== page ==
Georgia Tech Student Leader Is Shot Dead by Campus Police

It was Schultz who called 911 to report a suspicious white male with long blonde hair on campus holding a knife and possibly a gun, the Georgia Bureau of Investigation said. After the shooting, investigators found three suicide notes in the student’s dorm room, the agency said.

In an interview with The Atlanta Journal-Constitution, Lynne Schultz, the student’s mother, asked why the police were so quick to kill her child, who she said suffered from depression and had attempted suicide in the past.

“Why didn’t they use some nonlethal force, like pepper spray or Tasers?” Ms. Schultz asked the paper.

Lance Wallace, a university spokesman, said Georgia Tech campus police do not carry Tasers but they do carry pepper spray. L. Chris Stewart, a lawyer for the Schultz family, criticized the university for not providing officers with more nonlethal tools and said the killing would not have happened if campus police officers were properly trained to handle mental illness.

“From the video you can see Scout is in the middle of the mental breakdown and telling the officers to shoot,” he said. “Four of them did not listen to that and continued to do their job, to de-escalate the situation, but one of them decided to take Scout’s life.”

“If someone says shoot me or writes a letter or whatever it is, you don’t assist them with that,” he added.

Mr. Wallace said he was not able to answer questions about the killing on Monday, although he did say the campus police had not shot anyone on campus “in at least 20 years and perhaps never.”

The episode began before midnight on Saturday when the campus police received the 911 call at 11:17 p.m., according to a statement from the Georgia Bureau of Investigation.

The video of the shooting appears to show Schultz with hands hanging down, holding no apparent weapon, though officers can be heard referring to a knife. The Georgia Bureau of Investigation said one multipurpose tool was found at the scene of the shooting. Its blade was not extended, according to The Journal-Constitution.

The video that was shared online and broadcast on cable news showed the student ambling down the street in front of a parking garage toward two police officers with their guns drawn.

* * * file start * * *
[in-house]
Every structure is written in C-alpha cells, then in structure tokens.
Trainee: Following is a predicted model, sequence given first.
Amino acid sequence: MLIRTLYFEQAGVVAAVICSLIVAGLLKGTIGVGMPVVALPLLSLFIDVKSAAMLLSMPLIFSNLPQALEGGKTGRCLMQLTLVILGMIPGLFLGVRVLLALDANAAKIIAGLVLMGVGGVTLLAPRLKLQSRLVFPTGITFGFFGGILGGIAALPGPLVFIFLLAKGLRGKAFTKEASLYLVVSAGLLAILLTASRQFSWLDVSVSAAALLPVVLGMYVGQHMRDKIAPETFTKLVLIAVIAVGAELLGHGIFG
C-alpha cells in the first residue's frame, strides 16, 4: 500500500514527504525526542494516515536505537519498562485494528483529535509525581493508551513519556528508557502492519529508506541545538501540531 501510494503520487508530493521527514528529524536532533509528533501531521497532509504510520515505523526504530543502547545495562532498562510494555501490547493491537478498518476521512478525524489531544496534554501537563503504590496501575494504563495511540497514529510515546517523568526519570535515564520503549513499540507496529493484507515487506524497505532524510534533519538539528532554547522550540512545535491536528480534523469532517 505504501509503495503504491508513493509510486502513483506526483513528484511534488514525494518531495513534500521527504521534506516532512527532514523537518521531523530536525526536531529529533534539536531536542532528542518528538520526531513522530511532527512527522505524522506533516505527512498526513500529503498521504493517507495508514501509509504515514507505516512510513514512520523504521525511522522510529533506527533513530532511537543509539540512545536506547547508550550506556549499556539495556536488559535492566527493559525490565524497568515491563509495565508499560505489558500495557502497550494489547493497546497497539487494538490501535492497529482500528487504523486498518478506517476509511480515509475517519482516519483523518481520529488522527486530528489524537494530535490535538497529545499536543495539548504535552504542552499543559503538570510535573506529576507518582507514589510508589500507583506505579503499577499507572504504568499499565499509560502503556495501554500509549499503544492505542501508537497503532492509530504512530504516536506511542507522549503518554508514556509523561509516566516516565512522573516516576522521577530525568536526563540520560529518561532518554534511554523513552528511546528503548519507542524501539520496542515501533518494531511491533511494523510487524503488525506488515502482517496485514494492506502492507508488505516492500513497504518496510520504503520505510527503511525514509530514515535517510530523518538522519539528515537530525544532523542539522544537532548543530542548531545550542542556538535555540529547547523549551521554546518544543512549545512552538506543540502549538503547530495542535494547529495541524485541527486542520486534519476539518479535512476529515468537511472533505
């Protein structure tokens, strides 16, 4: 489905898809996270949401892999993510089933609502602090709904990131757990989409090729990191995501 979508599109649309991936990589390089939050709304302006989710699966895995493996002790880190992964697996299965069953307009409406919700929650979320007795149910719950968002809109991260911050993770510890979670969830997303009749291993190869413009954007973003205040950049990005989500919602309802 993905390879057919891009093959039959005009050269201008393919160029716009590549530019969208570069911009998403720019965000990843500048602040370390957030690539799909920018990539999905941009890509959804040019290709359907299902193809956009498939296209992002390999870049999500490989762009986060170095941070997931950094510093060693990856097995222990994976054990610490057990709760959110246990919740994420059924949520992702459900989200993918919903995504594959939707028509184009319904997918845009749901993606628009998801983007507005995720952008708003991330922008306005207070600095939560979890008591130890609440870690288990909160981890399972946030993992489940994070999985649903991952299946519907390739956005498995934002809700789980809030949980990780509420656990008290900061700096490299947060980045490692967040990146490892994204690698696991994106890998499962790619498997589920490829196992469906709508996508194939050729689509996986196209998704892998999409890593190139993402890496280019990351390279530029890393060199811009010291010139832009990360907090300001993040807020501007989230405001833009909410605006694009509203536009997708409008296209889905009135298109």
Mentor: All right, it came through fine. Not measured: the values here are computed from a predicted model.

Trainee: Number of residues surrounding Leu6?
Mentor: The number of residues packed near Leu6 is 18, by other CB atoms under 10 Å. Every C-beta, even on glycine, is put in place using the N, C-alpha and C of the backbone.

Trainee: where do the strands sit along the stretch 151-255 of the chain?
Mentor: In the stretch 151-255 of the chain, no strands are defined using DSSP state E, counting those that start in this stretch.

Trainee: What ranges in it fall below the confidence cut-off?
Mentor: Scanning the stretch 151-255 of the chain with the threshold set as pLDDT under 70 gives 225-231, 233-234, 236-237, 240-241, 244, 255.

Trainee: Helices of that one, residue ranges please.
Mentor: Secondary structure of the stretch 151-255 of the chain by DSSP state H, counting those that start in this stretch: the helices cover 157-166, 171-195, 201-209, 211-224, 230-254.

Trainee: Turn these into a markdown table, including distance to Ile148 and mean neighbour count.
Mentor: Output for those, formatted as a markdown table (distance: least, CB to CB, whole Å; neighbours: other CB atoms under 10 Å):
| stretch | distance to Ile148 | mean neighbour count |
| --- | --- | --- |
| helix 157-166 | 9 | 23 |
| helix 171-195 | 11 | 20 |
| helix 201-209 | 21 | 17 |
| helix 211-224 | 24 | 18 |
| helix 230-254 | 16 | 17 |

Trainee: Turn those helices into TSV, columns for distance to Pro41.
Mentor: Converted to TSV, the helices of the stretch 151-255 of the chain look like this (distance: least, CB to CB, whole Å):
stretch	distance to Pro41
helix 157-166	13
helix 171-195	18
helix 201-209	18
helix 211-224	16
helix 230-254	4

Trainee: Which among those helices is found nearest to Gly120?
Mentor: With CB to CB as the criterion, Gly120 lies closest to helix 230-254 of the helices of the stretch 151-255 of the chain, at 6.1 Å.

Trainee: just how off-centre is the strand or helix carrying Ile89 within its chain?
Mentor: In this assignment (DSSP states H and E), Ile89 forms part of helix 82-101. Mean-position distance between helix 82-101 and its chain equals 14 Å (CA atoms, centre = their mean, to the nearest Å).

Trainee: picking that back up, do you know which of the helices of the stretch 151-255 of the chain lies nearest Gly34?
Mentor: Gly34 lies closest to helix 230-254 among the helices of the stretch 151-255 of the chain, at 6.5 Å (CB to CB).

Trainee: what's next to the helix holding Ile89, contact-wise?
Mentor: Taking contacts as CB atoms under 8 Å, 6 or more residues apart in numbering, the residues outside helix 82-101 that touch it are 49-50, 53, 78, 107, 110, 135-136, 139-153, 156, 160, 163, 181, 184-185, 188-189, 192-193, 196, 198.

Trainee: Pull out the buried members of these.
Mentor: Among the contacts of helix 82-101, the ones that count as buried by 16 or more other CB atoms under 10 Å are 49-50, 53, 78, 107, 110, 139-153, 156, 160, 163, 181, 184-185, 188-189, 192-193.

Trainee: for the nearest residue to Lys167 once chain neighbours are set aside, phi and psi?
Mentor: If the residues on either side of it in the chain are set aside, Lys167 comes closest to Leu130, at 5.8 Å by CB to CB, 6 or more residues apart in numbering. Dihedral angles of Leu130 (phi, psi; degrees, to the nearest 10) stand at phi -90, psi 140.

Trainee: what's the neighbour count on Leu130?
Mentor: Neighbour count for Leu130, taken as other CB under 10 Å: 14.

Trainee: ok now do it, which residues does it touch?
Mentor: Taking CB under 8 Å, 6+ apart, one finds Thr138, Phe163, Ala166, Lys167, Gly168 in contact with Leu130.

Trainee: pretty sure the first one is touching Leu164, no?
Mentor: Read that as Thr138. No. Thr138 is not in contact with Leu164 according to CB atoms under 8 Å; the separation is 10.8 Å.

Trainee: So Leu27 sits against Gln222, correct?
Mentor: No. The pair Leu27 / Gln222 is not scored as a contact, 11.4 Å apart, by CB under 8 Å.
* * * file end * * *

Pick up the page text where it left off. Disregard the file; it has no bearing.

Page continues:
The campus officers can be heard several times ordering Schultz to drop a knife. “Nobody wants to hurt you,” one officer said. Another asked, “What’s going on, man?”

At two points the student could be heard saying, “Shoot me!”

A third officer’s voice can be heard telling Schultz not to move, and the student responded by walking toward that officer.

Shortly after that a single shot was fired, followed by the sound of anguished screaming. The university has not released the name of the officer who fired that shot.

It was not clear how long the entire encounter lasted.

The university said on Monday that it had sent a text alert to students at 11:32 p.m. to report “a campus emergency in progress” and to advise them to find shelter and “lock all doors and windows.” At 11:50 p.m. students received a second text: “There is no longer a threat to campus.”

In an email sent to the university community on Sunday morning, John Stein, a dean, mourned the student’s “sudden and tragic death” but did not disclose to students and faculty that it was campus police who had killed the fourth-year engineering student from Lilburn, Ga.

The dean said the death was “devastating news for the Schultz family, classmates, and for members of the community who knew Scout personally, the shock and grief are particularly acute.”

Pride Alliance, the lesbian, gay, bisexual and transgender student group at Georgia Tech, said in a statement that Schultz was the group’s “driving force” for the past two years.

“We would not be the organization we are known as without their constant hard work and dedication,” the group said, using the slain student’s preferred pronoun. “We love you Scout, and we will continue to push for change.”

Correction: September 18, 2017

An earlier version of this article misspelled the hometown of a Georgia Tech student who was killed over the weekend. The student was from Lilburn, Ga., not Liliburn.

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